Here is why: both of the IOM and PCAST advisory groups have been wrestling with issues related to the provision of accessible and affordable hearing care for adults. Given the rapidly aging population and historically static market penetration of hearing aids in the face of remarkable technological innovations, this is the real signal embedded in all of the cocktail noise emanating from industry.
Much of the reviews of these proceedings has been buried on the back pages of industry pubs. Thanks to the outstanding reporting of Karl Strom and Christa Nuber at the Hearing Review (and Mead Killion, Richard Einhorn and Holly Hosford-Dunn in HHTM) we know a little something about these Washington proceedings.
There are three fundamental questions, I think, at the core of the evolving marketplace for hearing care services and worthy of deliberation and debate by all hearing care professionals. Each of these questions stands alone, but they are most certainly interconnected: address one of these three questions and the other two will be affected.
Q1: How do we contend with a rapidly aging population that often wants a fundamentally different relationship with a shortage of hearing care professionals?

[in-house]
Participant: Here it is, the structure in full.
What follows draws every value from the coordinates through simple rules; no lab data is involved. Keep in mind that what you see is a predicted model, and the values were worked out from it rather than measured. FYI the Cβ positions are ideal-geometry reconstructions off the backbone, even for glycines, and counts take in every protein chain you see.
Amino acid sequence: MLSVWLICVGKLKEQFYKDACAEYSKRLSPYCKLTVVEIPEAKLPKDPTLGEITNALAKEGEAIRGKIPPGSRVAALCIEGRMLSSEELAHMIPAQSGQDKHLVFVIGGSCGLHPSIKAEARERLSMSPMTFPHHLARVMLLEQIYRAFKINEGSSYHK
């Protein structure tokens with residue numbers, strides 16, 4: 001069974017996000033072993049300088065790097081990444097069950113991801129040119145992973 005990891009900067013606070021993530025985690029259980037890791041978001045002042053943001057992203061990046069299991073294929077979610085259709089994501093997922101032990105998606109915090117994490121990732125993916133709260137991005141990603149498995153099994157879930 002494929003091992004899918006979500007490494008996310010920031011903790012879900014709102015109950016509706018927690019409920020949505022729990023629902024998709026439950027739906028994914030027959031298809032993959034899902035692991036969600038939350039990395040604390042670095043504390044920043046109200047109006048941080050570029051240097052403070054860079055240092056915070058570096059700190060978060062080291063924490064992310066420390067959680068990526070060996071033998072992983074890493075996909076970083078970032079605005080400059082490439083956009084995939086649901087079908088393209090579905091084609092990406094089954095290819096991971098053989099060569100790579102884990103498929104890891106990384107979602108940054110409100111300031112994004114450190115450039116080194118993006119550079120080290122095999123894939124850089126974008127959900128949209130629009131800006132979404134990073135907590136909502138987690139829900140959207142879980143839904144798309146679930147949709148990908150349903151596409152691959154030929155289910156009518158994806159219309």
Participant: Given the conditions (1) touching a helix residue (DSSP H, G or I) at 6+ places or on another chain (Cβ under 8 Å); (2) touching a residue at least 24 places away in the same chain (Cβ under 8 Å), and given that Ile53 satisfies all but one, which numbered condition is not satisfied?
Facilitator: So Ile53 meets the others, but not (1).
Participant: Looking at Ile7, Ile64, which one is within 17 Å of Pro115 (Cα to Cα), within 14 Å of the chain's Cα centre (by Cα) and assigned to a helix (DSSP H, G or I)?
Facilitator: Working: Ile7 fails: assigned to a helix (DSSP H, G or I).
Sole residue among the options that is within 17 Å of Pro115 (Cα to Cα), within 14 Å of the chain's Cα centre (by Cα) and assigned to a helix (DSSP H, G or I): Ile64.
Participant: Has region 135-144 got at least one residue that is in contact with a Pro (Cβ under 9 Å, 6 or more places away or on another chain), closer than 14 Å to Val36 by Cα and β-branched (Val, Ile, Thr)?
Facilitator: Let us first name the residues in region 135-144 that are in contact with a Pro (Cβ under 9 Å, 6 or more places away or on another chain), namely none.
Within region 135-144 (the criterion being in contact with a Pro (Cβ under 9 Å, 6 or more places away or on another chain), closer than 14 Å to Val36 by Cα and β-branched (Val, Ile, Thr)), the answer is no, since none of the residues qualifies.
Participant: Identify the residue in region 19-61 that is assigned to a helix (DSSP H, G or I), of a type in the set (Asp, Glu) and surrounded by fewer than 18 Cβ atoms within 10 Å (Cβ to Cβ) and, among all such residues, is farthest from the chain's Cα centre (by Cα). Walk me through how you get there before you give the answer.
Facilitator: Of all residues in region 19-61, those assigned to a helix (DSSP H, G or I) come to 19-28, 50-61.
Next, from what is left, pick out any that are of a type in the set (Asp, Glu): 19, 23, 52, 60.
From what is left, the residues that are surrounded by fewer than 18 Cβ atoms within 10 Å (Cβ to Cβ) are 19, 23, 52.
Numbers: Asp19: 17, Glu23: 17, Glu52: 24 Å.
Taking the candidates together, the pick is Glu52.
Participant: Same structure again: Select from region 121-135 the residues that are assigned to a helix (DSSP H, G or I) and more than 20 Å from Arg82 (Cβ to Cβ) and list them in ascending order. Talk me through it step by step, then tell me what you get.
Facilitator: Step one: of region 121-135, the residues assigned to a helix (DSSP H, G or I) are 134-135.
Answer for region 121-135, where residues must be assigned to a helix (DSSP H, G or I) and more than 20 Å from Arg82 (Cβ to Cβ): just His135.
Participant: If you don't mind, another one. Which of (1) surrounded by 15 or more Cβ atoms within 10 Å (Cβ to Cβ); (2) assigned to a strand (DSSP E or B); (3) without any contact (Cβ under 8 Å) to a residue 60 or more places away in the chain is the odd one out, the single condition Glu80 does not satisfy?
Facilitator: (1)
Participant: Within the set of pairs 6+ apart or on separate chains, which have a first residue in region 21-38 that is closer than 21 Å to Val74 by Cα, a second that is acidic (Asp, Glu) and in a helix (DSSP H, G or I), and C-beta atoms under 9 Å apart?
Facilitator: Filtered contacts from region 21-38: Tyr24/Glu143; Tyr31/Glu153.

According to Professor Laura Carstensen at Stanford University, an American born today has a projected average lifespan 20 full years longer than one born in 1925. And, for the first time in U.S. history, the number of people over the age of 60 exceeds those under age 15.
Dig deeper and you’ll find that the Graying of America is being led by the Baby-boomers. David Zapala, PhD, of Mayo Clinic presented the data shown on Figure 1 at the IOM meeting in mid-September. It’s a picture worth more than a thousand words because it shows the “silver tsunami” in action. It’s literally an age wave. As this glut of people born within 15 years of the WW II age, their sheer size changes healthcare markets dramatically – just ask the vision industry when this group turned 45 and needed reading glasses!
In addition to their size, Baby-boomers approach the market differently for services. They have an almost maniacal drive to live to be well over 100, while maintaining the vitality of a 40-something year old. Combine the size and scale of the Baby-boomer market with the fact there is a growing shortage of audiologists and hearing instrument specialists and you soon realize there is a potential bottleneck, if the bulk of these Baby-boomers decide to enter the marketplace for hearing care.